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TED WILLIAMS
August 30, 1918 - July 5, 2002
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The greatest hitter who ever lived

By Mike Petraglia
MLB.com

The man wanted to be known for one thing.

"When I walk down the street and meet people," Ted Williams once said, "I just want them to think 'There goes the greatest hitter who ever lived.' "

Judging by his .344 career average and his 521 home runs, the most ever by a Red Sox player, Williams accomplished his goal. The San Diego-born baseball legend wasted no time making his mark on the sport. In 1939, his rookie season, Williams hit .327 with 31 home runs and 145 RBIs. That season he established Major League records for RBIs and walks, with 107.

But perhaps Williams is most famous for what he accomplished two seasons later. The Boston left fielder entered the last game of the season that year with a .3995 batting average. If he sat out, he would have been credited with a .400 batting average for the season.

But being passive was hardly the Williams way. He asked manager Joe Cronin to put him in the lineup for the season finale. Williams responded with four hits in six at-bats to finish the memorable season with a .406 average. It is the last time a Major League player hit .400 in a full season.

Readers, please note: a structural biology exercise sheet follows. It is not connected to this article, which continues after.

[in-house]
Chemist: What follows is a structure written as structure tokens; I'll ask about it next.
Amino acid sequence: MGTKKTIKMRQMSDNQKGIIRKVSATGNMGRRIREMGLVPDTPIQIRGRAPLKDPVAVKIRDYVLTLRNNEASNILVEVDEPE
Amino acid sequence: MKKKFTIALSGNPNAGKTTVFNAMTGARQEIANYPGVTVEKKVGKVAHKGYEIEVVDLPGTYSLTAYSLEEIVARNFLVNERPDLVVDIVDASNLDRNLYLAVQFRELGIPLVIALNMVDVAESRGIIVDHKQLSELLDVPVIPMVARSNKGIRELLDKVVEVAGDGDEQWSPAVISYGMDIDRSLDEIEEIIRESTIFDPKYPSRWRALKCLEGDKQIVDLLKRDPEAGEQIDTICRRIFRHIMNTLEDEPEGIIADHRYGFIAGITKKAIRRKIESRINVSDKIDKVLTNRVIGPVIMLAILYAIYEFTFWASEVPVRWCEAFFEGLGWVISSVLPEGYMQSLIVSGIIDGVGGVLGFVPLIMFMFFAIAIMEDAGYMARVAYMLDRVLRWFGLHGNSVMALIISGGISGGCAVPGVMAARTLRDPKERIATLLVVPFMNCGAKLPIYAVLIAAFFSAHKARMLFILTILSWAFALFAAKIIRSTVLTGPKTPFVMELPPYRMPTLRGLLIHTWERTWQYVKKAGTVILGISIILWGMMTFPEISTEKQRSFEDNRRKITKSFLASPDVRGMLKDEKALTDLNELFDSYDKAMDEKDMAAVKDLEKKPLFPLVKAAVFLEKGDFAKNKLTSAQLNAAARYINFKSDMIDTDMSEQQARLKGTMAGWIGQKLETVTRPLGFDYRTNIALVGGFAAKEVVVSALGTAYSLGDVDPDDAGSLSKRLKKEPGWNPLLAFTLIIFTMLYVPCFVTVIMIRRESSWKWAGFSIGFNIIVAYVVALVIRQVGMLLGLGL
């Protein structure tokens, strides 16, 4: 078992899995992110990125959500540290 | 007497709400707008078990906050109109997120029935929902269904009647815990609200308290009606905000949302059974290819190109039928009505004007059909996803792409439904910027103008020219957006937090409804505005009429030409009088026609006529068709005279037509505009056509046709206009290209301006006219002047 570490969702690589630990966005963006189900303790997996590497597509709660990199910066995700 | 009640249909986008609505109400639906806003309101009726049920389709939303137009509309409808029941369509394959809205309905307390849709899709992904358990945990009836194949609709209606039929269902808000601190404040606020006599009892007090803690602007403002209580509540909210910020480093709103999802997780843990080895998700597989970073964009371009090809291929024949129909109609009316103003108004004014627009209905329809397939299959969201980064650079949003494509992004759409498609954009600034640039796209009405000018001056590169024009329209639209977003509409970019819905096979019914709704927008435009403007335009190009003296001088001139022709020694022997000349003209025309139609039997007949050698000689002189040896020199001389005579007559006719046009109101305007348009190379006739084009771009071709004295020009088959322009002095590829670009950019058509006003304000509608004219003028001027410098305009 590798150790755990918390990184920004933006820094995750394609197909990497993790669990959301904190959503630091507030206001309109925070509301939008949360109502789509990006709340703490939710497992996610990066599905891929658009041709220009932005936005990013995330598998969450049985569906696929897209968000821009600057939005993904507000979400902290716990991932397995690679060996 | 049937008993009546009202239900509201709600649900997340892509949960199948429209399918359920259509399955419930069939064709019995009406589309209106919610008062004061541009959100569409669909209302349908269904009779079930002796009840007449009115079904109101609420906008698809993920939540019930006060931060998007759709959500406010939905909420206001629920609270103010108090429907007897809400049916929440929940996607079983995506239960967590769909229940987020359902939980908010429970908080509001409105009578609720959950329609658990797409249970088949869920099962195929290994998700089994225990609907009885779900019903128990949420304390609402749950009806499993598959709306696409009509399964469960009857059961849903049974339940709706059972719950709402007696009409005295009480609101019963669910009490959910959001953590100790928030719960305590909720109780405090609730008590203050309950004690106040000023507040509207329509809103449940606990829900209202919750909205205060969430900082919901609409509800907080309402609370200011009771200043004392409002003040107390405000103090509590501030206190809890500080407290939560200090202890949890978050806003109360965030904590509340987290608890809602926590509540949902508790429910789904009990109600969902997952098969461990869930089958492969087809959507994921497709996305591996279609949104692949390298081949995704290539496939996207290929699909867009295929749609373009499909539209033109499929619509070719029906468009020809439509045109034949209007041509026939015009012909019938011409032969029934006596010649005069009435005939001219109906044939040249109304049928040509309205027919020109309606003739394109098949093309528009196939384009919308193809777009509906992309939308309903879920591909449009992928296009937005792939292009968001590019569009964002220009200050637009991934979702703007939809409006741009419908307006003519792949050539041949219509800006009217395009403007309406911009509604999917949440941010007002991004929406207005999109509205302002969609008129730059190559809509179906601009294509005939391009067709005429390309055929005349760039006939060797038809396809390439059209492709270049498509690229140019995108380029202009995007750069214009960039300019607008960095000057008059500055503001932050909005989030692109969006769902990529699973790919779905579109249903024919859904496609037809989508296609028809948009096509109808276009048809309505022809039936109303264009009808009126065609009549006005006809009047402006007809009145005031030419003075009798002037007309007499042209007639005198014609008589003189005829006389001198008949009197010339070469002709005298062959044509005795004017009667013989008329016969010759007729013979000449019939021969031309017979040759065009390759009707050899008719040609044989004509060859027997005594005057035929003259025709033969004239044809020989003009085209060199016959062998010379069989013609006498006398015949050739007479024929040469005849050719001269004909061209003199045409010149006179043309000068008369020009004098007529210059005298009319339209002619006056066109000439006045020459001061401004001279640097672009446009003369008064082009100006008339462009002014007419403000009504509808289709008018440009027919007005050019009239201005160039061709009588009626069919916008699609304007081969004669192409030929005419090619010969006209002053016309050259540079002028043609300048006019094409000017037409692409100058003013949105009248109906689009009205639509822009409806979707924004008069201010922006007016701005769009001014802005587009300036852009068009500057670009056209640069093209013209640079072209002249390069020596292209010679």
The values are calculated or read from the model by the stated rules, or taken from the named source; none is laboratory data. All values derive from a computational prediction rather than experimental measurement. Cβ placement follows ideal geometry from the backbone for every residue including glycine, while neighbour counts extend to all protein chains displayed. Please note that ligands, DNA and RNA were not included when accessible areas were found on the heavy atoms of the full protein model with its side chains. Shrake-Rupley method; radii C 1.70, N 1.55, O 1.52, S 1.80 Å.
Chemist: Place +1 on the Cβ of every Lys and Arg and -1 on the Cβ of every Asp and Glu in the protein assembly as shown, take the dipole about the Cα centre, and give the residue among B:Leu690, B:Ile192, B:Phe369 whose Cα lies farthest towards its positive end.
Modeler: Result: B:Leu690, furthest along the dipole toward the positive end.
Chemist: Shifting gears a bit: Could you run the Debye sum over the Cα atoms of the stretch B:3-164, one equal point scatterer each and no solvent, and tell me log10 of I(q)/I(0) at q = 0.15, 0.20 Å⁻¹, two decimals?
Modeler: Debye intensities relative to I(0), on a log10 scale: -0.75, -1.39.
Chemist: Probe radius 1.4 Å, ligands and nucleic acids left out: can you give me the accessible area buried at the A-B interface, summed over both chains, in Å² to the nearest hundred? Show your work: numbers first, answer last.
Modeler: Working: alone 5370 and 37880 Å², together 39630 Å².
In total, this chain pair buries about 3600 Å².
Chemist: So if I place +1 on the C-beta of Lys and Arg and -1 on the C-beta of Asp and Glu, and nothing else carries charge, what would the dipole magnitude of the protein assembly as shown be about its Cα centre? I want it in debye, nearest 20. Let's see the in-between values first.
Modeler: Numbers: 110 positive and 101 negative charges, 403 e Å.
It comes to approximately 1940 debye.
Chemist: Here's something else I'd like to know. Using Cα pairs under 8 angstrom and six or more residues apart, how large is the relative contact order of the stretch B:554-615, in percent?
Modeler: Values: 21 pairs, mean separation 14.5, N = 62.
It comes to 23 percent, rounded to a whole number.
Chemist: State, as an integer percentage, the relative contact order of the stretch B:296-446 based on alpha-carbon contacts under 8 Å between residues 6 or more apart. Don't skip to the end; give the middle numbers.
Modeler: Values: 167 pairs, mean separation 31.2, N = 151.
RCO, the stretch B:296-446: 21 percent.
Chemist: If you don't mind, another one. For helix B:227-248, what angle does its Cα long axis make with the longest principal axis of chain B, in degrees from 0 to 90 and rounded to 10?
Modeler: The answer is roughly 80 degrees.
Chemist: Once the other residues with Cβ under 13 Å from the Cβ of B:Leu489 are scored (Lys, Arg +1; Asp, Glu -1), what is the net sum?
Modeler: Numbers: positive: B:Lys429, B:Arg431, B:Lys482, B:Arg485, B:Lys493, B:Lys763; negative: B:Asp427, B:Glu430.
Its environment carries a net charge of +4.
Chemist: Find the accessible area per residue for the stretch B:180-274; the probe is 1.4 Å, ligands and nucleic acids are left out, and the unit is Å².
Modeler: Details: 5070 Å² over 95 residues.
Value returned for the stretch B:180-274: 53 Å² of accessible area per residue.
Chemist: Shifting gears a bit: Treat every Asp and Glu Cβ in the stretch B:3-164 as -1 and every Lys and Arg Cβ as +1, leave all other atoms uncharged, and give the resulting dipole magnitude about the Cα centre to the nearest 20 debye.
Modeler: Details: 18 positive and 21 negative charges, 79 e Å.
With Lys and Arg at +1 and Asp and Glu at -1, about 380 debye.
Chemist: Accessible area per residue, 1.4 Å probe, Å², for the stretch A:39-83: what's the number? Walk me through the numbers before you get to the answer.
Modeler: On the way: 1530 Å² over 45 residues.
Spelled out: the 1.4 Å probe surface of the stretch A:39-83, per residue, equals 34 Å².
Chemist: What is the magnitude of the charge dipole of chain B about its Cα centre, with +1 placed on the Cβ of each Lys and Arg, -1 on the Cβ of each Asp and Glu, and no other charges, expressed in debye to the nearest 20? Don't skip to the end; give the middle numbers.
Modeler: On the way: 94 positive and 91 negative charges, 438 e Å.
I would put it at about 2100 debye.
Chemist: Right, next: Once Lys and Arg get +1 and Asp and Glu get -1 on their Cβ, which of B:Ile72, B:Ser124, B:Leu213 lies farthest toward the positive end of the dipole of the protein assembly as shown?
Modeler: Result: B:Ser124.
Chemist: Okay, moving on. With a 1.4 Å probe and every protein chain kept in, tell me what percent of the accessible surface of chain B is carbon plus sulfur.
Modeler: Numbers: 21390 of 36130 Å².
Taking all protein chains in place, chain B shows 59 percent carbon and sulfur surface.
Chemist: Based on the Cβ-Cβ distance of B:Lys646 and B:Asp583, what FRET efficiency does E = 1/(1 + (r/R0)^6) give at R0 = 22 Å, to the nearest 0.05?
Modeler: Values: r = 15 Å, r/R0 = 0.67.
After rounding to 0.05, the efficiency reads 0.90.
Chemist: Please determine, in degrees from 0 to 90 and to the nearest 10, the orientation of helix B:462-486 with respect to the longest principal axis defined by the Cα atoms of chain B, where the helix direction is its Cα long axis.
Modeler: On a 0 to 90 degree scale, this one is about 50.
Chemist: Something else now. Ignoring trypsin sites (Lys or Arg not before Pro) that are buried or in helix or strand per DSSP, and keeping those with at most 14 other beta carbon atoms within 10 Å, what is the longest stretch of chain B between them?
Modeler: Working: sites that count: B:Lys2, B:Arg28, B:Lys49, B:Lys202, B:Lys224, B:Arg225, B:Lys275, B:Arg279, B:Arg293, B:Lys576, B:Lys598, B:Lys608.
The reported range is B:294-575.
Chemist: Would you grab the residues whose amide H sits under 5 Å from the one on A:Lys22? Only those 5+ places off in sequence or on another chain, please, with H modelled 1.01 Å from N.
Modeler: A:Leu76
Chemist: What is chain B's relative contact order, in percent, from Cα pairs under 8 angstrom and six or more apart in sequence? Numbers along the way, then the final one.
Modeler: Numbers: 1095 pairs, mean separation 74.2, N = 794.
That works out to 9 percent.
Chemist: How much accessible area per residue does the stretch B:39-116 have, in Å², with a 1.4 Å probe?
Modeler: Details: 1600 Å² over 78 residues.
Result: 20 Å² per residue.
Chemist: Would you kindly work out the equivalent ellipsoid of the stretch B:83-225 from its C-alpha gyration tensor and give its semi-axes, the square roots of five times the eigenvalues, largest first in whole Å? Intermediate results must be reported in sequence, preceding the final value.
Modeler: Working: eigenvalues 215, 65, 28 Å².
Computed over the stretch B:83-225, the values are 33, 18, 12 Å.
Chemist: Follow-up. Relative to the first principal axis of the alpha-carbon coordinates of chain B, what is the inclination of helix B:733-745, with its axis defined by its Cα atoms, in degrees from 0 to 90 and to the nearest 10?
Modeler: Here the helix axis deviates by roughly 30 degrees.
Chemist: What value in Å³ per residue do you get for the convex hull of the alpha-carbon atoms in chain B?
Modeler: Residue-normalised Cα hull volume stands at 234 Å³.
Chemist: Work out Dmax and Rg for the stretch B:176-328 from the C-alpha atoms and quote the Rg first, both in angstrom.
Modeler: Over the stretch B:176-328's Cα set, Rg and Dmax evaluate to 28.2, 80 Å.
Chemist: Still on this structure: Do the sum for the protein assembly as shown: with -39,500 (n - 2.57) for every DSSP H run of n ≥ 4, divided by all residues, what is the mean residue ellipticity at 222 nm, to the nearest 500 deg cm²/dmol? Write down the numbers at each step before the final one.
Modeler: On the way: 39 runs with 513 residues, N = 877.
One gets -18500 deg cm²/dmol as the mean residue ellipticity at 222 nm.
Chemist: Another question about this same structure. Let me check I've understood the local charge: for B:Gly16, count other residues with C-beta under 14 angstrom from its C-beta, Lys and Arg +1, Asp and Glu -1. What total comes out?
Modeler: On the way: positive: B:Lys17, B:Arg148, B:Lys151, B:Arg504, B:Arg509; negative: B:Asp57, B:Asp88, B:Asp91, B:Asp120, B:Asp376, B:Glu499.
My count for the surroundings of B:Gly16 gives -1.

But numbers, as is usually the case, don't come close to telling the entire story of one of the best all-around players ever to put on a uniform.

"Ted was a fierce competitor," said longtime teammate Johnny Pesky. "He did things in preparation that we see all the time now but were not all that common back then. Things like reading a pitcher in the on-deck circle, making adjustments and keeping a mental 'book' on pitchers he had faced before."

"Ted was always looking for an edge," said former Red Sox infielder Frank Malzone, who also played alongside Williams in the 1950s. "He was intense and sharp, always thinking ahead on the field. I think he wanted that to rub off on his teammates. He expected everyone to give it 100 percent, not only physically but mentally."

But the teams that Williams faced followed suit, not wanting to let the "Splendid Splinter" get an upper hand.